Usain Bolt
Usain Bolt could lose an Olympic gold through no fault of his own. Pictured: Jamaica's Usain Bolt reacts after the men's 100m race during IAAF Ostrava Golden Spike athletics meeting - Ostrava, Czech Republic on May 20, 2016.Reuters

Olympic relay gold medallist with Jamaica and a teammate of none other than Usain Bolt, Nesta Carter's 'B' sample from the Beijing 2008 Olympics has tested positive for a banned substance. Bolt and his other two relay teammates Asafa Powell and Michael Frater could be stripped off their gold medals. 

According to a report of TOI, Jamaica Olympic Association (JOA) had received a statement from the International Olympic Committee (IOC) about the above mentioned fact, but no athlete was named in the notification. 

IOC had ordered 454 samples to be re-tested from the Beijing Games earlier this year and Carter's sample is one of them which has come out positive. 

A stimulant named Methylhexanamin was banned by the World Anti-Doping Agency (WADA) back in 2004. This was also classified as a "specified substance" in 2011. IOC seemed to have found the same substance in Carter's samples.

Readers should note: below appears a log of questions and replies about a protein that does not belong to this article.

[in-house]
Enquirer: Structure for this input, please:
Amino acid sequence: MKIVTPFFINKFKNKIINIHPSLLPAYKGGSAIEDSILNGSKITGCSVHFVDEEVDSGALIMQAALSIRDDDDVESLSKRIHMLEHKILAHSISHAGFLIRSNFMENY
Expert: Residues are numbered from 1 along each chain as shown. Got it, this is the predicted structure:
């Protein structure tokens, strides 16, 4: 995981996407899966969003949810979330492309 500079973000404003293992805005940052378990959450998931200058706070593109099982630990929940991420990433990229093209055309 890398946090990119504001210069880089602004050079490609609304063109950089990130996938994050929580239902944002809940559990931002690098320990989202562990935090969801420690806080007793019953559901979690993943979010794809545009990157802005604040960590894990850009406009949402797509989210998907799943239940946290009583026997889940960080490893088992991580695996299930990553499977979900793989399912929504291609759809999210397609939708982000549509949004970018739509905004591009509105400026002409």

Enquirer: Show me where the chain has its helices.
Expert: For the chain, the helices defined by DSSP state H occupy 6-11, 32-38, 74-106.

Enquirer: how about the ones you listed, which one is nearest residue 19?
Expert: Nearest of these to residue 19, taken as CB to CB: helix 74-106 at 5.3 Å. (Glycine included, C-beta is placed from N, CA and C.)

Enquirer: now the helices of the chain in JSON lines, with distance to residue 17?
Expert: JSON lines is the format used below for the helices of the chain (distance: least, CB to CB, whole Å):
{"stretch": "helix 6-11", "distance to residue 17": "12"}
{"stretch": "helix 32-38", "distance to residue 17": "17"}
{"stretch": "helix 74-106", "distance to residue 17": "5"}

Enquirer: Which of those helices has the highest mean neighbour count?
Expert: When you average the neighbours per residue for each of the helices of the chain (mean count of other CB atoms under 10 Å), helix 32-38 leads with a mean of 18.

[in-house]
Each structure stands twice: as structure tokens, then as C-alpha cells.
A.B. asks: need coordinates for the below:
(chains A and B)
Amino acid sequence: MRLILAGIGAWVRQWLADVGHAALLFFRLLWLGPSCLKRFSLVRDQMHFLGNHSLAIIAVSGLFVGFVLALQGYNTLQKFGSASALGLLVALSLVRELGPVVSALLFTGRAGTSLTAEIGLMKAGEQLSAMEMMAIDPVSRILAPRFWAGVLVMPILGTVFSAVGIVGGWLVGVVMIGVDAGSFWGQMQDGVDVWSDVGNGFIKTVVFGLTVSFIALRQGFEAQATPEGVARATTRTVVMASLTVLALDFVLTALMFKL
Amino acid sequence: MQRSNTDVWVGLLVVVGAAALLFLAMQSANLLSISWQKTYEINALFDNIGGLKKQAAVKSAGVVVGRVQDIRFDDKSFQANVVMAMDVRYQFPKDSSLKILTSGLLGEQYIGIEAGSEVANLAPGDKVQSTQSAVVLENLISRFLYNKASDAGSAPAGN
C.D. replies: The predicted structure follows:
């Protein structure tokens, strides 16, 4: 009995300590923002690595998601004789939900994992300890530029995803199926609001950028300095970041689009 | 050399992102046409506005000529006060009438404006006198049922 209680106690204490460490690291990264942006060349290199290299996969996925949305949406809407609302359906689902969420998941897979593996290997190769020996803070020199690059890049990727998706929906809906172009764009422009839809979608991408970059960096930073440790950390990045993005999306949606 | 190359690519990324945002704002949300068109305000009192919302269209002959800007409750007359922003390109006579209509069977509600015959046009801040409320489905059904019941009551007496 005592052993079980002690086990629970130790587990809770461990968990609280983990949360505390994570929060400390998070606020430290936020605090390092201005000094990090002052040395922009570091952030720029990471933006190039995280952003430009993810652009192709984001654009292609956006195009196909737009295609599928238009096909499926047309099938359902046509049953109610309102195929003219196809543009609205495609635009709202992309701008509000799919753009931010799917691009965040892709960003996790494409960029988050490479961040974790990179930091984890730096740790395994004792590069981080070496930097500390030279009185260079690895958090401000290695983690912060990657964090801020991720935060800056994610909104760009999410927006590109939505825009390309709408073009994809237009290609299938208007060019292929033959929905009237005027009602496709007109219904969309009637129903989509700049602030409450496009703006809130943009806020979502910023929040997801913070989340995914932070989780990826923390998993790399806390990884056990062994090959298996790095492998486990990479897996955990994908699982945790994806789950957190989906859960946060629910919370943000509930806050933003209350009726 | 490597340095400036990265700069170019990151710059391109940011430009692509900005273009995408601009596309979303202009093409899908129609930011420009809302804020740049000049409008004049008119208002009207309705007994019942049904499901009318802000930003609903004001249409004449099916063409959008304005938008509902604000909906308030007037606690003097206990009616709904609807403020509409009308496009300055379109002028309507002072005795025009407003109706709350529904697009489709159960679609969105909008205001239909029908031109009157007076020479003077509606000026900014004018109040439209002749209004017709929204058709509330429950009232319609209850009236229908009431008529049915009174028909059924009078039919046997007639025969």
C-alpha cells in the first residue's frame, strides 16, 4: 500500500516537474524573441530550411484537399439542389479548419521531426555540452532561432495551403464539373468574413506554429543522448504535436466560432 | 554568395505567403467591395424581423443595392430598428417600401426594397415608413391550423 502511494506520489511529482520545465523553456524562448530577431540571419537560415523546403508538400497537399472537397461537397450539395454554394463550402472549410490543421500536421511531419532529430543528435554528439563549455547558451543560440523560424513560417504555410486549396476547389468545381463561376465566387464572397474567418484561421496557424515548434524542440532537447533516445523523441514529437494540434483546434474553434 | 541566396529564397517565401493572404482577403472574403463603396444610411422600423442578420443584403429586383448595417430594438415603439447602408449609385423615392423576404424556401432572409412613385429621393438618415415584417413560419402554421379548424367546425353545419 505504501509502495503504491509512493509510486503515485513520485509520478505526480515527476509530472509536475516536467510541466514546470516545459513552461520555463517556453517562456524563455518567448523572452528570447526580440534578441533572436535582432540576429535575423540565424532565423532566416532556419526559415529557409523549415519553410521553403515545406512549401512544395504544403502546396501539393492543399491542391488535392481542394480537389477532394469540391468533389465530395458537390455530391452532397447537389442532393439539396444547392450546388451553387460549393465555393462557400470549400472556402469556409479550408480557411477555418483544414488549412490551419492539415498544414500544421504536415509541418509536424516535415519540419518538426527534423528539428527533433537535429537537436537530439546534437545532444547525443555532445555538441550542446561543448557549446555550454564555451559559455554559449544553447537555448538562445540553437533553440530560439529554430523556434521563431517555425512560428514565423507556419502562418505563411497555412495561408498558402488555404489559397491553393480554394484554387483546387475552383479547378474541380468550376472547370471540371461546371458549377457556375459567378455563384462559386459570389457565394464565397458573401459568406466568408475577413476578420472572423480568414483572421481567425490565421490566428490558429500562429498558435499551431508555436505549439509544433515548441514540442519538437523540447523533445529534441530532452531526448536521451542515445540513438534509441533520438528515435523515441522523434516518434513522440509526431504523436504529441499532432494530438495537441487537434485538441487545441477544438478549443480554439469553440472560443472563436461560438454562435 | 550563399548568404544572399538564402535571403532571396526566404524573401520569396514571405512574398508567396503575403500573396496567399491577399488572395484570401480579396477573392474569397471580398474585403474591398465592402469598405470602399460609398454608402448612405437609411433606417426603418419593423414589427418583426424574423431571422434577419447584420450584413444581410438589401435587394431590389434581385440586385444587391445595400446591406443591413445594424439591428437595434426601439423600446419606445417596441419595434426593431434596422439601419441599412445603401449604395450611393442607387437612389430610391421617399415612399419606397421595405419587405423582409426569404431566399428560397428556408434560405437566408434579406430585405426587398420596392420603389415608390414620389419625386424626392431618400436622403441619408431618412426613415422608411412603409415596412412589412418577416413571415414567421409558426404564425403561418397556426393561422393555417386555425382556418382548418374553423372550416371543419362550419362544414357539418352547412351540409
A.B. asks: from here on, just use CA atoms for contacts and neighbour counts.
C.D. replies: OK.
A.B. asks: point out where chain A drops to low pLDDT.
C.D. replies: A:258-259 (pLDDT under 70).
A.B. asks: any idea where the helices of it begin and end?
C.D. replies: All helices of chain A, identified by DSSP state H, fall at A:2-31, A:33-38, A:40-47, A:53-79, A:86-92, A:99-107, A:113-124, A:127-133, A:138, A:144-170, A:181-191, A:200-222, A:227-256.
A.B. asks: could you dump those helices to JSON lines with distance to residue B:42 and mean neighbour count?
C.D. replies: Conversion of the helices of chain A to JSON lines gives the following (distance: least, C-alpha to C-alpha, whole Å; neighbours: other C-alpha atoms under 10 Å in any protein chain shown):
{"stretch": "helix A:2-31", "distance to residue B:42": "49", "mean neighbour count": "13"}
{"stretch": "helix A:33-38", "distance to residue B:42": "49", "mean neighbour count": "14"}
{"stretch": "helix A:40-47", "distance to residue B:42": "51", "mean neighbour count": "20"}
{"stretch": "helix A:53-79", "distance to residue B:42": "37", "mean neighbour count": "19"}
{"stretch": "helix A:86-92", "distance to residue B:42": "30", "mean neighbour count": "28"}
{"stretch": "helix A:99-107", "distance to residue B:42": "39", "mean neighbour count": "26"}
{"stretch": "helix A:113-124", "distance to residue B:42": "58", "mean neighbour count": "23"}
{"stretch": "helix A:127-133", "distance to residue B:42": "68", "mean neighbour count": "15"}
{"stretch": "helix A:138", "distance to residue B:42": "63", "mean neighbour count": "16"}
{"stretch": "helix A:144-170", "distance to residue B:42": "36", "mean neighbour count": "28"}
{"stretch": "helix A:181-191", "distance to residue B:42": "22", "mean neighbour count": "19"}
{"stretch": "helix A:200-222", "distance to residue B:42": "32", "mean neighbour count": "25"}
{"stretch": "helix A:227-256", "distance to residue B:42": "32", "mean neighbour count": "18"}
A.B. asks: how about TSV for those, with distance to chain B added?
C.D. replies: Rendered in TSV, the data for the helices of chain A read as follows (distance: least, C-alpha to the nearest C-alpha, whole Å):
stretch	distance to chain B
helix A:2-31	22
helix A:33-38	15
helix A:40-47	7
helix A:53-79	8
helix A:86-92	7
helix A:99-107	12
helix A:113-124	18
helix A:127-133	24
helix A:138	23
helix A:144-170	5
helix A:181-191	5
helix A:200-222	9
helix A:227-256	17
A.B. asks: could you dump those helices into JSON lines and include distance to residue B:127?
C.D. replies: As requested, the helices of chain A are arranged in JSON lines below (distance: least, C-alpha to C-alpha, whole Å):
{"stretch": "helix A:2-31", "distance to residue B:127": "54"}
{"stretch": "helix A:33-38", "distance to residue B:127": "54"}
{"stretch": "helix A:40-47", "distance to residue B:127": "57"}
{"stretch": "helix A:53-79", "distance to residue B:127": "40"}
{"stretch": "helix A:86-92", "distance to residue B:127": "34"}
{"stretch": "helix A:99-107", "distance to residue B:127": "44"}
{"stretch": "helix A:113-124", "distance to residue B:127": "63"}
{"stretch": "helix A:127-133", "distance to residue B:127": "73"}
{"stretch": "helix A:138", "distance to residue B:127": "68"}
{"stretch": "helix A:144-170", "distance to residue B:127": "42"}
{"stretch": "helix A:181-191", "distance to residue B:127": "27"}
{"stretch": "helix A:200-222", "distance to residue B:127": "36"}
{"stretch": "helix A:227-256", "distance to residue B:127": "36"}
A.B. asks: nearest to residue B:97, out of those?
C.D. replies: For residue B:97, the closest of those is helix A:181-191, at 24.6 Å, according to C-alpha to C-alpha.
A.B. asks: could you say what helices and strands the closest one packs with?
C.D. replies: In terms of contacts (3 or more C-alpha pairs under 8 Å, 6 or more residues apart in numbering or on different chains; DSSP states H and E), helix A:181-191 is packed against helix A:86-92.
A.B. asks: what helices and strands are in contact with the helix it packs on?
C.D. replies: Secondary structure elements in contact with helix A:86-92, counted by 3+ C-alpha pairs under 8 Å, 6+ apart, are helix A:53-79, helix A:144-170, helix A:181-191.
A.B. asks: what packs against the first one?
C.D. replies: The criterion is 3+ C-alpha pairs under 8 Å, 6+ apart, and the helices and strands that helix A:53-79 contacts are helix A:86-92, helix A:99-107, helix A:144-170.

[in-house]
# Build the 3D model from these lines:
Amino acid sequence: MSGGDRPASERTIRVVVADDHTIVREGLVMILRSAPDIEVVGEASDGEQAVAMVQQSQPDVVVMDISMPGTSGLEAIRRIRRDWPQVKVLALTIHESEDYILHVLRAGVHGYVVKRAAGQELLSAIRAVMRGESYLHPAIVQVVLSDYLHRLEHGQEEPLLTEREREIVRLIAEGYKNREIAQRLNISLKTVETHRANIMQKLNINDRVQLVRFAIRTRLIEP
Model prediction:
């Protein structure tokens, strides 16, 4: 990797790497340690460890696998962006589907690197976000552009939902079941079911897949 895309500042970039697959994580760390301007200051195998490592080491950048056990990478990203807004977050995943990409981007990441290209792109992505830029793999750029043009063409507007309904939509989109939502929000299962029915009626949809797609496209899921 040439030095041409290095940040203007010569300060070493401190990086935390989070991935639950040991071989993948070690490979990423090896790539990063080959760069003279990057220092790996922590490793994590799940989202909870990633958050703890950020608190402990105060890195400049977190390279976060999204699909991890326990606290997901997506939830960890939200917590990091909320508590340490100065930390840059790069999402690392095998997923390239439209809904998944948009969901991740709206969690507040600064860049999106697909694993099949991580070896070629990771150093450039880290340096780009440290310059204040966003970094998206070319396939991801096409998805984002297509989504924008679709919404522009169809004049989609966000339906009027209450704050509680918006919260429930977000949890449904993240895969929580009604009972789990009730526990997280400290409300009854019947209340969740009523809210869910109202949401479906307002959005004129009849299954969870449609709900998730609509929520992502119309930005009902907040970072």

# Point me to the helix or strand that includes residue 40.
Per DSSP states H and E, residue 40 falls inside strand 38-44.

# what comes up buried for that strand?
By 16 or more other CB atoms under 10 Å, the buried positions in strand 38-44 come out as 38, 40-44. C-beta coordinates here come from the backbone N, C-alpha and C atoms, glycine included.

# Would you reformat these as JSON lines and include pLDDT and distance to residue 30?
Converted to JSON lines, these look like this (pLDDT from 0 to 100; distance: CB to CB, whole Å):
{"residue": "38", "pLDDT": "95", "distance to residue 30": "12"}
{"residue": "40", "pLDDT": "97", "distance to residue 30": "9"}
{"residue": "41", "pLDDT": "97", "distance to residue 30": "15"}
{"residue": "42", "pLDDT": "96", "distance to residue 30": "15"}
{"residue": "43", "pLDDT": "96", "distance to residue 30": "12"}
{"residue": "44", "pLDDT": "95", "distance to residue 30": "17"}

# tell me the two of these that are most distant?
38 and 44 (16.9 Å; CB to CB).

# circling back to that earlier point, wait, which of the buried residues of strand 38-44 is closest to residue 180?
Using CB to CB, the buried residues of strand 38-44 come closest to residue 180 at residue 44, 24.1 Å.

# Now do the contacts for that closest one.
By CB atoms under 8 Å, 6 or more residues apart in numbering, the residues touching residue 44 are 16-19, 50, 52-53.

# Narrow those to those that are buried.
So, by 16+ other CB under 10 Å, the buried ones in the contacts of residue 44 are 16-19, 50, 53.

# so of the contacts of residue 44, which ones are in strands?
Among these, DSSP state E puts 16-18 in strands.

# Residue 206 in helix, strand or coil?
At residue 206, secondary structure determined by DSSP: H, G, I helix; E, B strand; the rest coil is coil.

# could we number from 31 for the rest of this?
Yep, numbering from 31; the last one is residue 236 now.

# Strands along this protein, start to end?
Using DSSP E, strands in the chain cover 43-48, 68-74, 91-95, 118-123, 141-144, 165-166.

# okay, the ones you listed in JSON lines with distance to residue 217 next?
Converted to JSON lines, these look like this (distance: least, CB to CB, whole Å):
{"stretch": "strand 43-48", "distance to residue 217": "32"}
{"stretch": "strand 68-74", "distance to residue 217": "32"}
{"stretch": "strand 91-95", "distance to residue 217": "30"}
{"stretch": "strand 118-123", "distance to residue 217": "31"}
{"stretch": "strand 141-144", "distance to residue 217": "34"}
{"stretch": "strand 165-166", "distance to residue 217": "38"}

The use of Methylhexanamine can lead to a suspension of six months to one year or the loss of results from the period concerned. 

While Bolt, Powell and Frater have not tested positive and done nothing wrong, they could still lose their gold medals from the Beijing Olympics 2008. 

The IOC have not yet taken a call on this issue nor has there has been an official announcement made.

"It is still being worked out. What we want to do, and are trying to do, is target athletes who have positive results and stop them from competing in Rio," an IOC spokesperson said. 

if Bolt, Powell and Frater were to lose their gold medals for the 4x100m relay event from the Beijing Olympics 2008, they can appeal to the Court of Arbitration for Sport (CAS). 

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